It is the time of year when we are regularly advising separated parents on the law in relation to foreign travel.
The 'stock answer' we can give as lawyers is: seek consent. It is informative however to go back to the statute and consider why we revert to this advice.
There are a number of relevant domestic and European laws relevant to this issue but particularly for this short piece The Children Act 1989 and The Child Abduction Act 1984 are relevant, as well as case law.
Where both parents have Parental Responsibility (as is usual for a married couple and this article will presume that is the situation) and they agree, a child may leave the jurisdiction of the UK.
If there is a Child Arrangements Order in place then neither parent can remove the child from the jurisdiction without the others consent; s 13 of The Children Act 1989 states:
If a parent has a 'Lives with' Order (previously known as a Residence Order), they may remove a child from the jurisdiction for a period of up to one month. As Lord Justice Thorpe states in W v A  EWCA Civ 1587: 'Thus the obligation on the primary carer with a residence order is either to obtain the consent of every person who has parental responsibility, or apply to the court for permission in relation to any planned removal of more than 28 days’ duration.'
What then, if there is no Child Arrangements Order in place – be that Lives With or Shared Arrangements?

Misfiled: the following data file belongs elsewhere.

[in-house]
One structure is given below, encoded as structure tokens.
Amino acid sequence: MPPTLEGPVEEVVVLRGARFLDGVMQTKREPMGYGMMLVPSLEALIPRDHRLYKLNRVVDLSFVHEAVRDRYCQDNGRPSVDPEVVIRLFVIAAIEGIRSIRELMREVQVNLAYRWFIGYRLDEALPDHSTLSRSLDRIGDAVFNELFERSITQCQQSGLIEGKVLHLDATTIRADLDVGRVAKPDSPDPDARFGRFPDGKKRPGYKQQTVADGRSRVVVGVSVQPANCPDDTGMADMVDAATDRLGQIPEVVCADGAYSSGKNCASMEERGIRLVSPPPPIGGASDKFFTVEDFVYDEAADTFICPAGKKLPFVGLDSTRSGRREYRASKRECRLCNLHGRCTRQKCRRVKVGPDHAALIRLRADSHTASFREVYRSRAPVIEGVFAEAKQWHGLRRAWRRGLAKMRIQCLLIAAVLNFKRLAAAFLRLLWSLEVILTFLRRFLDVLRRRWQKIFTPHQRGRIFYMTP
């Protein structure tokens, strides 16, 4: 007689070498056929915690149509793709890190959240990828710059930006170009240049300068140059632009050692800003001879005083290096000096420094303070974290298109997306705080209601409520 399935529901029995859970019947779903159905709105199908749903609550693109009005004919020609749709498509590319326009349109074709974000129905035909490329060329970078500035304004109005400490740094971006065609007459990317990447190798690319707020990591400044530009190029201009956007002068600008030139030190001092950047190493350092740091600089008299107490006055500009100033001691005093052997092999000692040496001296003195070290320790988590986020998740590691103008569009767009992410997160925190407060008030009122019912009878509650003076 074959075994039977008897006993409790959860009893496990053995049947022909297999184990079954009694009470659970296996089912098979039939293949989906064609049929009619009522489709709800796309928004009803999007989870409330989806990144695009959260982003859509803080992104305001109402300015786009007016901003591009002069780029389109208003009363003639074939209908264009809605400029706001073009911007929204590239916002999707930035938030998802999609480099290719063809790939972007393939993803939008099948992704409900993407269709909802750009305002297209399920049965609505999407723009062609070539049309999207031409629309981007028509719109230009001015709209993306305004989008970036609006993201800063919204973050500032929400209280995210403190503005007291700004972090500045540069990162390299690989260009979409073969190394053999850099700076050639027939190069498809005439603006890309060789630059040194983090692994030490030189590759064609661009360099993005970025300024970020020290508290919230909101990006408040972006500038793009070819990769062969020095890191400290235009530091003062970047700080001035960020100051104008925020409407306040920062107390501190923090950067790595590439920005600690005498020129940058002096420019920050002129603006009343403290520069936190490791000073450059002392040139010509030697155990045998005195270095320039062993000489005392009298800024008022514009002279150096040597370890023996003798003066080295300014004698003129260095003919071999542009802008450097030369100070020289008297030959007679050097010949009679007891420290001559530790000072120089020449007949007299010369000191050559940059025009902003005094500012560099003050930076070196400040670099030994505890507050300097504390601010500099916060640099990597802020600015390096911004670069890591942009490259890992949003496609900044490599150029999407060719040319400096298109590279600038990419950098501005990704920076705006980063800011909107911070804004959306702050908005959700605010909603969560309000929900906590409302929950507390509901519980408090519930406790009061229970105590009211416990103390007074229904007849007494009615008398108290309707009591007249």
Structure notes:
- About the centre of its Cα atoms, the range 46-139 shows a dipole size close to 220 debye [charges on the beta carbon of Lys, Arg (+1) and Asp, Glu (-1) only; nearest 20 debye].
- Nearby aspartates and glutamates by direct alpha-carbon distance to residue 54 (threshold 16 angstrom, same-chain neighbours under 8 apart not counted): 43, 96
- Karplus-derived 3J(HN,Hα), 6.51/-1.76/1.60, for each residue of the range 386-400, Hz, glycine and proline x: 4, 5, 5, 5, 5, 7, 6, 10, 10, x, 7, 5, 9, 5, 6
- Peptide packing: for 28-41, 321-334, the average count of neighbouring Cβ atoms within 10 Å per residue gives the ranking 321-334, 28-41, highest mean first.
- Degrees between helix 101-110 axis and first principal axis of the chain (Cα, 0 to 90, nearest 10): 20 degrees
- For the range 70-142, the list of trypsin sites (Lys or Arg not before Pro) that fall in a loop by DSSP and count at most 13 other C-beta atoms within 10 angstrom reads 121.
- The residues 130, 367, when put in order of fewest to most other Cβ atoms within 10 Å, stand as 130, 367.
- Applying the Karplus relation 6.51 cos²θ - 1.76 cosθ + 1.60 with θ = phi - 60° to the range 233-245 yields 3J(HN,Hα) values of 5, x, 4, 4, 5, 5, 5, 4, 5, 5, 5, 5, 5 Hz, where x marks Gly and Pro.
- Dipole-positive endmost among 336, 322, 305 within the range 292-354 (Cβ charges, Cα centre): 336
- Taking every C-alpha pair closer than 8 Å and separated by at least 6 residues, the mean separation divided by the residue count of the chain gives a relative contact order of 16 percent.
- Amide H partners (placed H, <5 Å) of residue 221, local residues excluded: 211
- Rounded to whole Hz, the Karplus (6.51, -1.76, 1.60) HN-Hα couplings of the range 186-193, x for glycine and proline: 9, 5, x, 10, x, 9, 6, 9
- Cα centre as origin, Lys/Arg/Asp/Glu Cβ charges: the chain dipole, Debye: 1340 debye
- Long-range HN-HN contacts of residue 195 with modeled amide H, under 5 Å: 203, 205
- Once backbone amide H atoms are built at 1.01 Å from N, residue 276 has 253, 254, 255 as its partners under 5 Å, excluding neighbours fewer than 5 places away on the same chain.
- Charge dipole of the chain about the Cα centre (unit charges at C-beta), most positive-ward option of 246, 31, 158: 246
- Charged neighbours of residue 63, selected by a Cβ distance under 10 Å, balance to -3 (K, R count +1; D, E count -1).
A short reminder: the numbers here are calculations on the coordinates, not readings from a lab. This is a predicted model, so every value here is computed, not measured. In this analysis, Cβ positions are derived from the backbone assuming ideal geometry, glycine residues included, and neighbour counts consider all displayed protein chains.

Alongside the Children Act, is the Child Abduction Act 1984. Under the Child Abduction Act it is a criminal offence to remove a child from the jurisdiction. A parent commits an offence of child abduction if s/he takes a child out of the UK without the consent of the other parent or the permission of the Court. This applies whether or not a Lives with Order is in force.
The parent had taken all reasonable steps to communicate to the other parent with parental responsibility the intention to remove the child even if they had been able to actually communicate with them
The other parent with parental responsibility has unreasonably refused to consent.
Therefore whether or not your client has a Lives with Order, it is important to try to obtain the consent of the other parent to a holiday outside the jurisdiction. Having an email exchange recording that agreement is good evidence that the consent was given. It is good practice to provide the other parent with as much information about the trip as possible – flight details, where the parent will be staying with the child/children and contact details whilst they are there, who else will be on the trip, and what arrangements for Skype or telephone calls can be made whilst they are away. Should the case end up in Court, the Court is likely to be more favourable where the client can show that s/he provided this information because it adds weight to an argument that consent by the other person was unreasonably withheld.
If there is no agreement from the other parent regarding the trip, then the parent wanting to travel could make an Application to Court for a Specific Issue Order. Or, the parent opposing the trip may make an Application to the Court for a Prohibited Steps Order to prevent the travel if there is no Child Arrangements Order in place (i.e. no automatic ban in place).